In a conversation with a GCS, the question was asked: How do you explain ‘Agent’ when referring to a Hidden Agents as used in the model. It’s a good question. Normally ‘agent’ would be a noun, describing the name of something. In this case, ‘agent’ is a verb, depicting action. I think of Hidden Agent as a qualifier, an indicator of an issue that needs to be addressed. Fischer could have picked another word that describes these indicators, but in my experience, Hidden Agent, once described to a CEO, makes perfect sense.  I’ve outlined some critical points made during a live webinar on three of these hidden agents.

Leadership Modality

Of all the hidden agents, see the list below to see what we refer to as hidden agents, Leadership Modality is the most challenging.

On the Membership Website under the Tab 7 SOG Videos and on the second page, is a recorded video called Using Leadership Modality to Engage a CEO.  This 36 minute video covers all aspects of the hidden agent we call the Leadership Modality.

While this is a challenging concept to explain, it’s a powerful one and shouldn’t be neglected. Here is why you want to better understand this hidden agent.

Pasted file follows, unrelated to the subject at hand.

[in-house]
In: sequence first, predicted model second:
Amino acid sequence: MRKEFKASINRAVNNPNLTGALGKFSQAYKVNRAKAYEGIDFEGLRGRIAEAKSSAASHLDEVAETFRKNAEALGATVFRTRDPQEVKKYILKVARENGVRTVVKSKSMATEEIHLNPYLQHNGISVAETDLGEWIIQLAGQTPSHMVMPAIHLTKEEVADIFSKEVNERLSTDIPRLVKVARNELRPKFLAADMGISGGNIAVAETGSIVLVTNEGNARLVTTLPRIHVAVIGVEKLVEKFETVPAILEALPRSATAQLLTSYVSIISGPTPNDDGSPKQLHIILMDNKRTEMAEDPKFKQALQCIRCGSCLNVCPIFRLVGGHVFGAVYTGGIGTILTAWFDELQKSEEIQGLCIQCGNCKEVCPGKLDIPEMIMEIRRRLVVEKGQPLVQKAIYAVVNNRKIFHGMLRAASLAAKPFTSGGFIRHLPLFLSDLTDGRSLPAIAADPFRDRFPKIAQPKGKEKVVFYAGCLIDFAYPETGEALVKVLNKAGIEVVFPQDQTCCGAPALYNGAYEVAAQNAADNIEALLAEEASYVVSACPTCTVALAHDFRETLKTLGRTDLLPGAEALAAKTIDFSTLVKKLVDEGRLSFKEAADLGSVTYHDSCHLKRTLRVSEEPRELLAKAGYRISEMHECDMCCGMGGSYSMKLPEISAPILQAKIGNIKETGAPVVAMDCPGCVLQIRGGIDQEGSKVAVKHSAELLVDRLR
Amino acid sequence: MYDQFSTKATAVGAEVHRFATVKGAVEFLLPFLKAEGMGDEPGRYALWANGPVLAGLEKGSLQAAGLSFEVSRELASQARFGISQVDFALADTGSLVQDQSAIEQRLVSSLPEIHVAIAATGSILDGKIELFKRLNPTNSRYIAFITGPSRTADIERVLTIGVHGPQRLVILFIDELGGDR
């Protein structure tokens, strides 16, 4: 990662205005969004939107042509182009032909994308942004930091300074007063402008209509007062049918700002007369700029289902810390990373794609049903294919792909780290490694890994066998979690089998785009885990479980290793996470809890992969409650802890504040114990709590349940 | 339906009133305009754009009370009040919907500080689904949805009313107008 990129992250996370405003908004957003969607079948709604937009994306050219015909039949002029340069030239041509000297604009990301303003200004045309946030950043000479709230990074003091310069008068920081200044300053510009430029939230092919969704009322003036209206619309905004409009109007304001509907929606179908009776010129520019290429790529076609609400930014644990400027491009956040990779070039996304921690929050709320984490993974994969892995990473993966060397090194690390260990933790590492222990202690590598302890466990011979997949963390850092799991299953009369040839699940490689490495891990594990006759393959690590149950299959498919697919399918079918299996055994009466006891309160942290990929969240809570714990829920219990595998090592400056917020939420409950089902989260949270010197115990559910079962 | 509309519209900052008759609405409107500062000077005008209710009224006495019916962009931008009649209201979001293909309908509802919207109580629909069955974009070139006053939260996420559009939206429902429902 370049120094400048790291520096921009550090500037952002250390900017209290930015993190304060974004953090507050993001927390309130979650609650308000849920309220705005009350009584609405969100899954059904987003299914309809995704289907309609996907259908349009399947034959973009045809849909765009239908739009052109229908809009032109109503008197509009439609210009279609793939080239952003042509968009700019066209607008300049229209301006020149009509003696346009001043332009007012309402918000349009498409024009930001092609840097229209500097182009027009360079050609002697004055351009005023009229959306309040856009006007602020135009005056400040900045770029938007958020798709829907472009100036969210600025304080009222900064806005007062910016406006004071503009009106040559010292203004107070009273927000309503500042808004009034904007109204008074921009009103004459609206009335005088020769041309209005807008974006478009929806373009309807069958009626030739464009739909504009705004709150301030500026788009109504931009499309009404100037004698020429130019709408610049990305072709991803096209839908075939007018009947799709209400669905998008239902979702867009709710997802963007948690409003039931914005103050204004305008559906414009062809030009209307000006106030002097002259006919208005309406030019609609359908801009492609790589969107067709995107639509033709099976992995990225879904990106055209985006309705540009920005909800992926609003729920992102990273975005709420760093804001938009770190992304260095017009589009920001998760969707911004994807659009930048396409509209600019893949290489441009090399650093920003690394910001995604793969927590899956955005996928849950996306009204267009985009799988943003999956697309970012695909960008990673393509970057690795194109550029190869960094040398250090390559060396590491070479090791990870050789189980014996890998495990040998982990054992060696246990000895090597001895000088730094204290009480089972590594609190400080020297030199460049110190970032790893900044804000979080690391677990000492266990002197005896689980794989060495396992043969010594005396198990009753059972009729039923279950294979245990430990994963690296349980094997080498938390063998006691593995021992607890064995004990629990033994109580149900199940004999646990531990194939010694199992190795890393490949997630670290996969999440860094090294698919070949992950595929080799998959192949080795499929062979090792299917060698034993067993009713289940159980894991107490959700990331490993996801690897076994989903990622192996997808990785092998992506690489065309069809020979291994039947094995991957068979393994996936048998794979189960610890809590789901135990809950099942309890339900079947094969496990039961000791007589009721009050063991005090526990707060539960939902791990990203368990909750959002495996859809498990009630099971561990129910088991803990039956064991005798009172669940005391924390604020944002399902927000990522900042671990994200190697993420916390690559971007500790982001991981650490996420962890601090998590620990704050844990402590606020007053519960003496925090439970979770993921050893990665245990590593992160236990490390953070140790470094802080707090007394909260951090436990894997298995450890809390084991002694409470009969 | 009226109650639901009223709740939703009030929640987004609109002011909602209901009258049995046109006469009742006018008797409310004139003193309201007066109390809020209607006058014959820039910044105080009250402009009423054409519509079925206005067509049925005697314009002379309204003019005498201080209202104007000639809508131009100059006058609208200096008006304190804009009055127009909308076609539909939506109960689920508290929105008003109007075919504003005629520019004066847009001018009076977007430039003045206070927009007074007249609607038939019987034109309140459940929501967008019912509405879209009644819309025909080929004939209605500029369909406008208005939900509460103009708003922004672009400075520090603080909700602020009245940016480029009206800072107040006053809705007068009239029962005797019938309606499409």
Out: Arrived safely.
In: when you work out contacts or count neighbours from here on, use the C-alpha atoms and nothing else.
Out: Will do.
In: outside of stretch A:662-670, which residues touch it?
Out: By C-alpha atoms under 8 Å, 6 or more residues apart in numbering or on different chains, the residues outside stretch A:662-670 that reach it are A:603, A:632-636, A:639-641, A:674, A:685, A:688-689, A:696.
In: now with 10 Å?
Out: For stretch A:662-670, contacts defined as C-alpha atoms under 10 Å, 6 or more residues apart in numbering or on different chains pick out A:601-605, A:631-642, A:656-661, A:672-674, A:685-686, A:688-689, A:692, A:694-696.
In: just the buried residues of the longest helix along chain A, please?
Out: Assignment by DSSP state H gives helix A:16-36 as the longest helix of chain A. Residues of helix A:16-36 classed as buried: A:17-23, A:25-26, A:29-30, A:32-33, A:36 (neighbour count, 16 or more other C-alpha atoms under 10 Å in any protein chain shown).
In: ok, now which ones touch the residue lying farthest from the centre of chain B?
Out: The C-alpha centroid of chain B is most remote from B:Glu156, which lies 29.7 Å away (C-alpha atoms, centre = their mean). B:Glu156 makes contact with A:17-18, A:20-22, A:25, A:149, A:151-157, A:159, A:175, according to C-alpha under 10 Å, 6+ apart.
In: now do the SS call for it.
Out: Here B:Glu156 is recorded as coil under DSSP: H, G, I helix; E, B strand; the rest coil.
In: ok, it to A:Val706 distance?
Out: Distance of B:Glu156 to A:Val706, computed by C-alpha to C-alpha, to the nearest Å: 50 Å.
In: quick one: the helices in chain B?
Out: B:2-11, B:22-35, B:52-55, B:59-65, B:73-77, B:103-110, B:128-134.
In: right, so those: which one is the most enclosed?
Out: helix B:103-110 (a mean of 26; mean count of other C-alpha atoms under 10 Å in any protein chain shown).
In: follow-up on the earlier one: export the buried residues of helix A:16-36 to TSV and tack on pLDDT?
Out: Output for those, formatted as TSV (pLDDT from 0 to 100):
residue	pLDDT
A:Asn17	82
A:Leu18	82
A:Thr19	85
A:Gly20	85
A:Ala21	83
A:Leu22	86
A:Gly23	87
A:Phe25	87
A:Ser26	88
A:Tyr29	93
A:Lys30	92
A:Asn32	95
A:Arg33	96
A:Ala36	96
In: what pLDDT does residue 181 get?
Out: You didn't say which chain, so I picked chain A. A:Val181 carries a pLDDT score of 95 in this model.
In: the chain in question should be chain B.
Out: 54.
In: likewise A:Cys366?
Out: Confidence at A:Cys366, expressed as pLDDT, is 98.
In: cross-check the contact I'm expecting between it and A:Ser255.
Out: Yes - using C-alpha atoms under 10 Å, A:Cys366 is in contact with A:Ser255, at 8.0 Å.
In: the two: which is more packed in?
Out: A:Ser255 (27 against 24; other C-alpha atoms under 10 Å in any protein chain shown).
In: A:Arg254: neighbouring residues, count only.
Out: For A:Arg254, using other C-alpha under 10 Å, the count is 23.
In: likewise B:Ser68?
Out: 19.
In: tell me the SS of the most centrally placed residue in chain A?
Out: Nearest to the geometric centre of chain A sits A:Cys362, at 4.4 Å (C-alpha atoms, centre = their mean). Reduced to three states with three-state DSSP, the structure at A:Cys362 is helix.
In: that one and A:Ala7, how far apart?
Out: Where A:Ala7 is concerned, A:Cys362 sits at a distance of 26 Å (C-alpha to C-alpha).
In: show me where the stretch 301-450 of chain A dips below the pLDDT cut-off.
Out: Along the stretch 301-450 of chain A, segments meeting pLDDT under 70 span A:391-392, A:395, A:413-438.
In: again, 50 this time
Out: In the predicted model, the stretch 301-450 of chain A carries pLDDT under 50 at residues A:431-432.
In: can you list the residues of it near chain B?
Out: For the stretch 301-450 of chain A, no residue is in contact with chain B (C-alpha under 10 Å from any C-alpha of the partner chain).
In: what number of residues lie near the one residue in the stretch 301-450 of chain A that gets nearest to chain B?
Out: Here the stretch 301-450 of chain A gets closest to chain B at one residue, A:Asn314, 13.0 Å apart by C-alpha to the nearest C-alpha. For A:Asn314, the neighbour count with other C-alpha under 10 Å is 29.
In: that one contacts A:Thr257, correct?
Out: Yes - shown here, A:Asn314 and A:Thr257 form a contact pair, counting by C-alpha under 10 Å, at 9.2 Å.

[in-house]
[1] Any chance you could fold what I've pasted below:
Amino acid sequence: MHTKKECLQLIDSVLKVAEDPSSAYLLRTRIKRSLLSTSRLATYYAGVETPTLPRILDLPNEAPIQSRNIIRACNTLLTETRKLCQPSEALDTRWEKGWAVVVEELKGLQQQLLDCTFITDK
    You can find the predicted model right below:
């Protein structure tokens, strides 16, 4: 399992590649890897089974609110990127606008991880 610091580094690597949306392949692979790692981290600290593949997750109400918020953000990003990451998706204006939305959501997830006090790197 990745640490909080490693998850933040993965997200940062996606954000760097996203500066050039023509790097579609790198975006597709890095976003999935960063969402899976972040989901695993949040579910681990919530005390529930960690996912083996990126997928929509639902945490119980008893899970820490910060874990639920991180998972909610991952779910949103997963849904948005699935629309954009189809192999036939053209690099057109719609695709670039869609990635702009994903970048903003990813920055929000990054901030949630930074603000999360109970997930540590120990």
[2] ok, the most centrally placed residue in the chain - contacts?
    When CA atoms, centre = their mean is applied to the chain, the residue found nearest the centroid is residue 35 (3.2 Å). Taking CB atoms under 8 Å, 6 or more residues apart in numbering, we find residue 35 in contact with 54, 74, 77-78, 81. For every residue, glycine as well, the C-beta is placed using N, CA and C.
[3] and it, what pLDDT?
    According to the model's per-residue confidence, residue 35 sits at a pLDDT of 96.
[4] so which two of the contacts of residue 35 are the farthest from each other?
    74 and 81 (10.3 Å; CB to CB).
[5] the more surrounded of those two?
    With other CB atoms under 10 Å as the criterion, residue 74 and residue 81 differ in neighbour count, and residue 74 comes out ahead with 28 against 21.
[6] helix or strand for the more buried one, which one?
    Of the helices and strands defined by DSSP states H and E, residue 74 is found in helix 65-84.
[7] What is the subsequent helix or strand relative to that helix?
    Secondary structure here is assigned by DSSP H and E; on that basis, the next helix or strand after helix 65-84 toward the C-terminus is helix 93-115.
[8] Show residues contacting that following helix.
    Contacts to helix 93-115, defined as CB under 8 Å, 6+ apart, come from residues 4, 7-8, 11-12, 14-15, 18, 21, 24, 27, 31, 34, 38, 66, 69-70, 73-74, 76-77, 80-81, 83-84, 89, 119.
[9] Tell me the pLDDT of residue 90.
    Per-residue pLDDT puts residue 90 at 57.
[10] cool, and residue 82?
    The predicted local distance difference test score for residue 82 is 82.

1. You are putting a language to something no one is really talking about. The idea of a CEO, or Managers or Staff having a “Presence” in a company is unique to our model. The ability of a Manager to recognize the “Influence” they have in the organization, say at Stage 4, cements the impact this group has on the organization.
  2. When does anyone talk about Staff being Dominant? No one! If I had understood this concept when the company I ran was in Stage 3, I believe the impact would have been immediate and positive. To help the most important asset in a company recognize they have “Influence” and at such a critical stage of growth is worth its weight in gold.
  3. Imagine a conversation around the conference table, led by the staff or by the managers regarding this incredible concept. The richness of that conversation and the ability for the group to respect and understand the difference between “Facilitative and Supportive” would be valuable at any stage of growth.

Take the time to listen to this 36 minute video so you can be prepared to explain this one to your CEO. Trust me, he or she will ask.

Builder/Protector Ratio